We can significantly reduce the greenhouse gas emissions created by food and still eat well. Here’s how.
By Kath Delmeny
When I was at primary school in East Yorkshire in the 1970s, it was part of our lunchtime routine to scrape any remaining food on our plates into the pig bin. My journey home after school went past the pig farms where piglets romped around muddy fields and gobbled up our leftovers. I like to think that this was my first introduction to the circular economy. I didn’t know then about resource use, carbon and climate change, but using good resources for useful purposes felt like part of the natural order of things. It simply made sense.
Forty years later, and we are faced by the shocking fact that around one-third of the food we produce is wasted. In the UK, 15 million tonnes of food are thrown away every year and food and drink accounts for one-fifth of our greenhouse gas emissions. When we throw away food, we effectively waste all the resources and effort that went into producing that food in the first place. None of this makes sense at all.
It’s not surprising that most people feel that wasting food is wrong. There’s a moral as well as a practical dimension. The United Nations estimates that if farmers around the world fed their livestock – just like those East Yorkshire piglets in the 1970s – on agricultural by-products and the food we currently waste, enough grain would be liberated to feed an extra three billion people, more than the additional number expected to be sharing our planet by 2050. It would also lessen the pressure on forests in tropical areas, great swathes of which are being cut down to create farmland to grow soya and other grains for livestock consumption.
Our appreciation of the relationship between food and climate change is relatively new. The Food Climate Research Network, set up by the pioneering Dr Tara Garnett and now hosted by Oxford University, celebrated its 11th anniversary this year. The Network brings together the research community to help understand the ways in which agricultural production and consumption patterns give rise to gigantic amounts of pollution, waste and greenhouse gas emissions and – importantly – how these can be tackled.
My reading of Tara Garnett’s insightful analyses over the years points to well-evidenced priorities for decarbonising our food system. To feed ourselves well and sustainably while significantly reducing greenhouse gas emissions, we must plan our food production and consumption to achieve:
– Better farming: supporting the right kind of agricultural production and more horticulture.
– Zero food waste: radically reducing food waste, and using all unavoidable food waste for good purposes.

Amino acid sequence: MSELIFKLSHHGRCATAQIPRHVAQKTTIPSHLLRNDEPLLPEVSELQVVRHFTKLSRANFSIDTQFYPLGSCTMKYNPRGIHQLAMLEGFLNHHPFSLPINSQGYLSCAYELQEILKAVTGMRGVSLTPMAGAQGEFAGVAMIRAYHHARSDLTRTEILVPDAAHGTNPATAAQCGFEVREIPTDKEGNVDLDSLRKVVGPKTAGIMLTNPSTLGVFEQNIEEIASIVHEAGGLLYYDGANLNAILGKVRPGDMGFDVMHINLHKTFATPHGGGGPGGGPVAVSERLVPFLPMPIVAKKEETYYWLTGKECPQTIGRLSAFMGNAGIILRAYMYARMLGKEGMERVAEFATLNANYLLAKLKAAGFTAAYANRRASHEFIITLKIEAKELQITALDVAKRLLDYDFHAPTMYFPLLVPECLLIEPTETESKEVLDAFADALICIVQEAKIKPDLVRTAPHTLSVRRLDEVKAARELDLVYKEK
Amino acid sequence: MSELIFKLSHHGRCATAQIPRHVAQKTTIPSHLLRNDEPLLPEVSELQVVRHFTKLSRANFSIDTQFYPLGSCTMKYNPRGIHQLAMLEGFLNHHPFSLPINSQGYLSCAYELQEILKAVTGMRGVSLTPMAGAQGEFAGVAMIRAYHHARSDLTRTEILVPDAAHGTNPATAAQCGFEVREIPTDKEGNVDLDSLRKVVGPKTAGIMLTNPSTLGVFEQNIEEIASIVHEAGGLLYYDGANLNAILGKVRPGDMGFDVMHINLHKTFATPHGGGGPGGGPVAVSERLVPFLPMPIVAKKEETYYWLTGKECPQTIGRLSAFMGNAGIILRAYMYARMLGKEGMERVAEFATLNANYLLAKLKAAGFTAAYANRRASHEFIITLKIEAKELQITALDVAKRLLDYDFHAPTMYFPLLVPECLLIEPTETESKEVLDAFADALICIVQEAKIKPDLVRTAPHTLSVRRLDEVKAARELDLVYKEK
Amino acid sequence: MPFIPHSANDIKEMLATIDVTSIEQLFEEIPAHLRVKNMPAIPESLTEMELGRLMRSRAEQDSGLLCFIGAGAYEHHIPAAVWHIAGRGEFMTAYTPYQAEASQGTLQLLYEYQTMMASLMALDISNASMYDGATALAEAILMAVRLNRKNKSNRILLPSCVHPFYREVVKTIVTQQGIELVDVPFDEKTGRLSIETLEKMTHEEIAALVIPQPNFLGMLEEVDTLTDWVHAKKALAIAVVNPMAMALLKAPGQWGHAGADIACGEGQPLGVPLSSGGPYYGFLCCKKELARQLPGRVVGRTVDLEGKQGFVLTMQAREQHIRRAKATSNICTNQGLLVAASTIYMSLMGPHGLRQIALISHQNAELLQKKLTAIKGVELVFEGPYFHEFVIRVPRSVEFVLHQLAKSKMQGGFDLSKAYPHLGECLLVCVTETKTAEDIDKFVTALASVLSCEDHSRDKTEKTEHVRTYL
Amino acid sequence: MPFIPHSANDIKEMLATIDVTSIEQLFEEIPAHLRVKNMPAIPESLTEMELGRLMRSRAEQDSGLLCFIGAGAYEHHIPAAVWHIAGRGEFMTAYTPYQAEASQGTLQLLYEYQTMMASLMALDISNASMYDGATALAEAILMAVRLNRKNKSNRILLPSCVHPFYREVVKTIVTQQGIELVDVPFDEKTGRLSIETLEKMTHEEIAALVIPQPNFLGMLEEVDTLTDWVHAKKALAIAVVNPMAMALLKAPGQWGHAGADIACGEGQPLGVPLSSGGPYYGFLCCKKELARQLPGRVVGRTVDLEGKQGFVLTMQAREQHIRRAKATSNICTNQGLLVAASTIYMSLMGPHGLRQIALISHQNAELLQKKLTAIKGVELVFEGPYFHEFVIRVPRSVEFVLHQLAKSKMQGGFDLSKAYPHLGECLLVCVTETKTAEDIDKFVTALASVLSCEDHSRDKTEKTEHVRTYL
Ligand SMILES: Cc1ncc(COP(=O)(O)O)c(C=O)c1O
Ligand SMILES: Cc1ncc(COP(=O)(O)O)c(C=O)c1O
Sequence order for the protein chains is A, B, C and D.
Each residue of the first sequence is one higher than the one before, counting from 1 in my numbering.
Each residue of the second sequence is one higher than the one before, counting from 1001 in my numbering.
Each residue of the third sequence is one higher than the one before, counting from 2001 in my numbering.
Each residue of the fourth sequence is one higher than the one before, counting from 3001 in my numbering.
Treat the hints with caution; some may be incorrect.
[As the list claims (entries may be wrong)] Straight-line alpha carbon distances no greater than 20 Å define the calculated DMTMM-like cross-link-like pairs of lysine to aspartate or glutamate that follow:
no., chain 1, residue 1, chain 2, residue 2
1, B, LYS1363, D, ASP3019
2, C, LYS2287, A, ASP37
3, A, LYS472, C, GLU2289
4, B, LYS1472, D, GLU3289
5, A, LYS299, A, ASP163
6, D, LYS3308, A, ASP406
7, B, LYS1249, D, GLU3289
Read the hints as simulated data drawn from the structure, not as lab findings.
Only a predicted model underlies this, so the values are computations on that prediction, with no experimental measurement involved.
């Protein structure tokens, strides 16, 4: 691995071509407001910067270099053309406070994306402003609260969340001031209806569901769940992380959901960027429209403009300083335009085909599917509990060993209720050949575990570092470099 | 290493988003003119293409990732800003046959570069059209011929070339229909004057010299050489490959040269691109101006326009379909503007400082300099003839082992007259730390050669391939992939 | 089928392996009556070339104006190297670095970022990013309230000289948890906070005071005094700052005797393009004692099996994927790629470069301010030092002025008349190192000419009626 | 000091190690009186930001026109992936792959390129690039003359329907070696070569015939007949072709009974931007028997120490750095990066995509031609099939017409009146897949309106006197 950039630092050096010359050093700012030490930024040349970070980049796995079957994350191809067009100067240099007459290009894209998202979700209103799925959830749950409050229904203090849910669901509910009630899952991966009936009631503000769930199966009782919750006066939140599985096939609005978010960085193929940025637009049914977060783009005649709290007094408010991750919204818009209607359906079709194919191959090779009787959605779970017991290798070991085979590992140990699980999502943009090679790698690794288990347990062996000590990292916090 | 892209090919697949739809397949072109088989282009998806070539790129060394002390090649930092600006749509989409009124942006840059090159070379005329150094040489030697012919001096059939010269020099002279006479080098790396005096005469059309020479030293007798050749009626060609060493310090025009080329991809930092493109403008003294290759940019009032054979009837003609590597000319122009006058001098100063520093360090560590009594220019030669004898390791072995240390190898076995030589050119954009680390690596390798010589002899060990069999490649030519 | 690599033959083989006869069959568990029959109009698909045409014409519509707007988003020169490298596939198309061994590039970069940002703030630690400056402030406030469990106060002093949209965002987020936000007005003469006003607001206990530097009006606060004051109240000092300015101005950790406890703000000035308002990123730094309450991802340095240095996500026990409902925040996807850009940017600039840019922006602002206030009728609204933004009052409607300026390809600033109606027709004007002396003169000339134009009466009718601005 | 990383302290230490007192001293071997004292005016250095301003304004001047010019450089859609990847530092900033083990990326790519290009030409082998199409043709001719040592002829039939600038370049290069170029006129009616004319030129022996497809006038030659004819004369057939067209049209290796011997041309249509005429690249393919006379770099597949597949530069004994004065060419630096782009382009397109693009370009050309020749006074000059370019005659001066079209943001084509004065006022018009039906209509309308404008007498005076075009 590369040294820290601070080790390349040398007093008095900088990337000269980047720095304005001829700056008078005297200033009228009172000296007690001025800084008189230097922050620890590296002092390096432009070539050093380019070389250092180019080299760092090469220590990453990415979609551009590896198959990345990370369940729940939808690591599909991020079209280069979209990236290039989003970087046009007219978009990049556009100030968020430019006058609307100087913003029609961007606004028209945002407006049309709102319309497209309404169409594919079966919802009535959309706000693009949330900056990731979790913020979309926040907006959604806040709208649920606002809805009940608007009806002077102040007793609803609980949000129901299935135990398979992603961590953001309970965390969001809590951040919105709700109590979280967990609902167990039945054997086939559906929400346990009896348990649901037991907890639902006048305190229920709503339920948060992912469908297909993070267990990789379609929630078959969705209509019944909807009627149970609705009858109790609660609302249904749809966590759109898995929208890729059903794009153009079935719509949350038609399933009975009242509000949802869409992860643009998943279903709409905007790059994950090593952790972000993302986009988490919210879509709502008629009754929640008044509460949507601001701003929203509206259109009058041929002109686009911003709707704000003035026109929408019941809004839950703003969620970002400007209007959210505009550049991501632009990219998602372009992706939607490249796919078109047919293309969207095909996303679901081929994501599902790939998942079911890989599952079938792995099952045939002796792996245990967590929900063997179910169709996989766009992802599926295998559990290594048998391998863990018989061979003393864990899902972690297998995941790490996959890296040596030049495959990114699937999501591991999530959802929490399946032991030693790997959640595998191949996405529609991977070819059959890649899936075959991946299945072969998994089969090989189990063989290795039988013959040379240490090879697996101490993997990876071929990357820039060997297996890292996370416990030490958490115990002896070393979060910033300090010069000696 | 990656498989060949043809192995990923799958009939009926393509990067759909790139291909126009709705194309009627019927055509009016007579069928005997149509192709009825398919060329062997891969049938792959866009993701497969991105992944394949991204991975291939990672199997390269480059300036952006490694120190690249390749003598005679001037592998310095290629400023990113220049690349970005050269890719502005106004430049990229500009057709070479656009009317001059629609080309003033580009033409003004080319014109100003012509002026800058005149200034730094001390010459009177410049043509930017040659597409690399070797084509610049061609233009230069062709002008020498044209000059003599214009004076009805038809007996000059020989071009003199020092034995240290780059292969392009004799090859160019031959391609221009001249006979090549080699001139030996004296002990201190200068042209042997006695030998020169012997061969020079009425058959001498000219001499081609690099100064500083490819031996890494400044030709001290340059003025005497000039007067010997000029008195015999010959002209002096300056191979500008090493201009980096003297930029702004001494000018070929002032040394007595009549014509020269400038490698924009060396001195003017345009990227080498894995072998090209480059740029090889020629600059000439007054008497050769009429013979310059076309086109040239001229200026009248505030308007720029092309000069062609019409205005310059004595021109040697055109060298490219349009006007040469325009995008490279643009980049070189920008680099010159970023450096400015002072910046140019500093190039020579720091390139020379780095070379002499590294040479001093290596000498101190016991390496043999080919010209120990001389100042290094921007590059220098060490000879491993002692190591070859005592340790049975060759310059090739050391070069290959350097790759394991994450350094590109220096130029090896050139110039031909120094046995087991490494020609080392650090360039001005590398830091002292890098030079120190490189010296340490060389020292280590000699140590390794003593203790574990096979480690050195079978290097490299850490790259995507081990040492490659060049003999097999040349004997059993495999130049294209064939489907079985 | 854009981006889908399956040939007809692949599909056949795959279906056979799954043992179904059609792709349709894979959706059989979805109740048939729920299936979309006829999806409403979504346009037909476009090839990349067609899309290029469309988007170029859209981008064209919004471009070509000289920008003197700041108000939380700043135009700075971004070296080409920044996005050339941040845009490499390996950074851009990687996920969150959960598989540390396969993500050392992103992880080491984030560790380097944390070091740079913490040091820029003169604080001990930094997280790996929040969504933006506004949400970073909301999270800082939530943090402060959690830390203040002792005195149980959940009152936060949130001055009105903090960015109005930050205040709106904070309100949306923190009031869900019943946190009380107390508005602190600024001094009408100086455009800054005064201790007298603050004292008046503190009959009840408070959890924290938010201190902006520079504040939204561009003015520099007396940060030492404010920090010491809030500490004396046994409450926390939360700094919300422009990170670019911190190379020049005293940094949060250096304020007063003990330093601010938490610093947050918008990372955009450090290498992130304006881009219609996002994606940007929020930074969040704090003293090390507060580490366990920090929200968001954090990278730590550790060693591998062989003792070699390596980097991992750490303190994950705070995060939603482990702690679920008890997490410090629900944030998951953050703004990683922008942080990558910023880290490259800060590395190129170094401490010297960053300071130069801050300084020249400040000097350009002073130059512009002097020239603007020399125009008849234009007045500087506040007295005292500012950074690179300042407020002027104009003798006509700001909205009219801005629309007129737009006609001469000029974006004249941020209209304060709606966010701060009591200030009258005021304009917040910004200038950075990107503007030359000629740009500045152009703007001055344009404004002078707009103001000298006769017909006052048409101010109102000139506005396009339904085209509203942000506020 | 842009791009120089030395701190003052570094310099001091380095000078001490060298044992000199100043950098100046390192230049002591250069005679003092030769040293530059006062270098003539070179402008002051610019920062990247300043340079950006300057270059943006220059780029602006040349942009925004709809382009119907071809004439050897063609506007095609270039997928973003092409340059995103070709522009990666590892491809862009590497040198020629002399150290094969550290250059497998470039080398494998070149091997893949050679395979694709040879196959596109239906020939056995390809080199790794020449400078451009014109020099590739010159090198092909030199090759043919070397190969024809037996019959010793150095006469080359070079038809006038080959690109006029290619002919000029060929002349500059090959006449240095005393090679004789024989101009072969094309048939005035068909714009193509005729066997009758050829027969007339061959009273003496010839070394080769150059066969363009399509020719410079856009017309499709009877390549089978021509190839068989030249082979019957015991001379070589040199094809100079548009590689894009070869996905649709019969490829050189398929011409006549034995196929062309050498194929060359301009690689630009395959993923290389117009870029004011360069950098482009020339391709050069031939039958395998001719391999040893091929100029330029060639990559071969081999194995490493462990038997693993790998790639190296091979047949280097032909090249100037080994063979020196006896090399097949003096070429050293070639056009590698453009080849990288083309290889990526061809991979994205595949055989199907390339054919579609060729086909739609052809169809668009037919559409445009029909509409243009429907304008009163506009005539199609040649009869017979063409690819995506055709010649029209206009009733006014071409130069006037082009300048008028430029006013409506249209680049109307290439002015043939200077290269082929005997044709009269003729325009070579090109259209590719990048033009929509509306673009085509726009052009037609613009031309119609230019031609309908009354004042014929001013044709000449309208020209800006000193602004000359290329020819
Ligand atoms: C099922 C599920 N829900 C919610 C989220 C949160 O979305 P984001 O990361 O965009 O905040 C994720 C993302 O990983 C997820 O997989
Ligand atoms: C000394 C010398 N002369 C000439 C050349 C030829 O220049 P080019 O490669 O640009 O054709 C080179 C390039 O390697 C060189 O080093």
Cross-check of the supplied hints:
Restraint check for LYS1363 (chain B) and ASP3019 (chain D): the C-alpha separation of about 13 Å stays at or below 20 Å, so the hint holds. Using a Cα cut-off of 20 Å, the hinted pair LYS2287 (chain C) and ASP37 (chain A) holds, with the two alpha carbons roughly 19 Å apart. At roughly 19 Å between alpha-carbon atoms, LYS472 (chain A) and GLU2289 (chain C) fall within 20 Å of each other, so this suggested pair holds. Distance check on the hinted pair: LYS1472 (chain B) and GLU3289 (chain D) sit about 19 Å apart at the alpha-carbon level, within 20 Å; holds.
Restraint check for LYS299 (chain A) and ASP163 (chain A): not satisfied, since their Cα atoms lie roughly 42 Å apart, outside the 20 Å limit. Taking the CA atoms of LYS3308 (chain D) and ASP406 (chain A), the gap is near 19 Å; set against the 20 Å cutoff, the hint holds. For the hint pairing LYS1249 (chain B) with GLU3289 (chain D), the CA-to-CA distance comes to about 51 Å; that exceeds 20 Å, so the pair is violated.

– Energy efficiency: greatly improving energy efficiency in food production.
– Less but better meat: reducing livestock production and consumption.
– Healthier diets: engaging consumers through promotion of inherently healthier, low-carbon and low-waste diets and shopping.
It’s good to have a relatively simple shopping list of priorities for decarbonising our food system. It makes me want to roll up my sleeves and get cracking, recognising that these issues will require action at both practical and policy levels and the engagement of many sectors.
There is also something appealing about working on this at a city level, where policy and practice feel somehow closer to each other and more accessible, supported by a sense of civic pride. Good sense in food can be embedded in local authorities, in a city’s business practices and in London’s can-do, entrepreneurial culture.
The Mayor’s Healthy and Sustainable Food Strategy has made the capital a shining light in the growing movement of cities trying to secure a better food system. The Sustainable Fish City campaign, which started here in 2009, has secured pledges to buy and serve only verifiably sustainable fish from businesses that together serve over half a billion meals a year. The Capital Growth campaign, supported by the Mayor, saw the establishment of 2,012 new community food gardens across the capital, greening our city and providing more space for people to meet and grow their own fresh fruit and vegetables (see page 58). And the Good Food for London league table of London’s 33 boroughs and local authorities, now in its fifth year, has recorded impressive improvements in the healthiness and sustainability of the food and food-related services that local authorities buy or otherwise affect.
London’s wider influence is also worth considering. The UK’s Sustainable Food Cities network was established just three years ago, but already over 40 UK cities are participating: setting up food partnerships involving local authorities, businesses, third-sector and community organisations, and implementing action plans. They are sharing good practice, policies, campaigns, practical interventions and inspiration, some of it based on work first piloted in London. So what follows here is how I think London could play its part, not only in reducing its own food carbon footprint, but also in inspiring other cities across the UK and Europe in a beneficial ‘race to the top’. To do so would have benefits for city dwellers and food businesses, farmers, farm animals and the natural environment.
We need to support the right kind of agricultural production and more horticulture. Farming with regard for environmental impact makes wise use of soil, water and other critically important natural resources and retains landscapes, particularly grasslands, which can sequester very large amounts of carbon. Farming may sometimes feel as if it is beyond the scope of city policies to influence. Yet nothing could be further from the truth. Farming is an embattled profession characterised by uncertain, often unfair trading conditions; unpredictable weather (and hence yields); and very poor income, often below the cost of production. Farmers have very little money or market incentive to invest in the necessary changes to achieve low-carbon farming. Yet we all rely on farmers to produce the food we need – and in a way that conserves rather than damages the environment.
London can play a leading role in supporting better farming by using its enormous buying power to incentivise change. Progress has been made, with 23 out of 33 London boroughs having adopted the Food for Life Catering Mark standards – specifying fresh, local and seasonal food, sustainable fish, higher-welfare and fairtrade products. Eleven of these have gone further, starting to demand better meat and dairy standards and environmental standards of farming, with two including organic food on their menus. The London Borough of Havering has helped other boroughs achieve impressive improvements by running a collaborative food procurement contract with ethical and environmental specifications built in, pooling the buying power of local authorities to make good food more affordable. All of this work has been helped by support from specialist organisations in the third sector and the Greater London Authority food team, proving we can achieve a lot when we get together and take concerted action.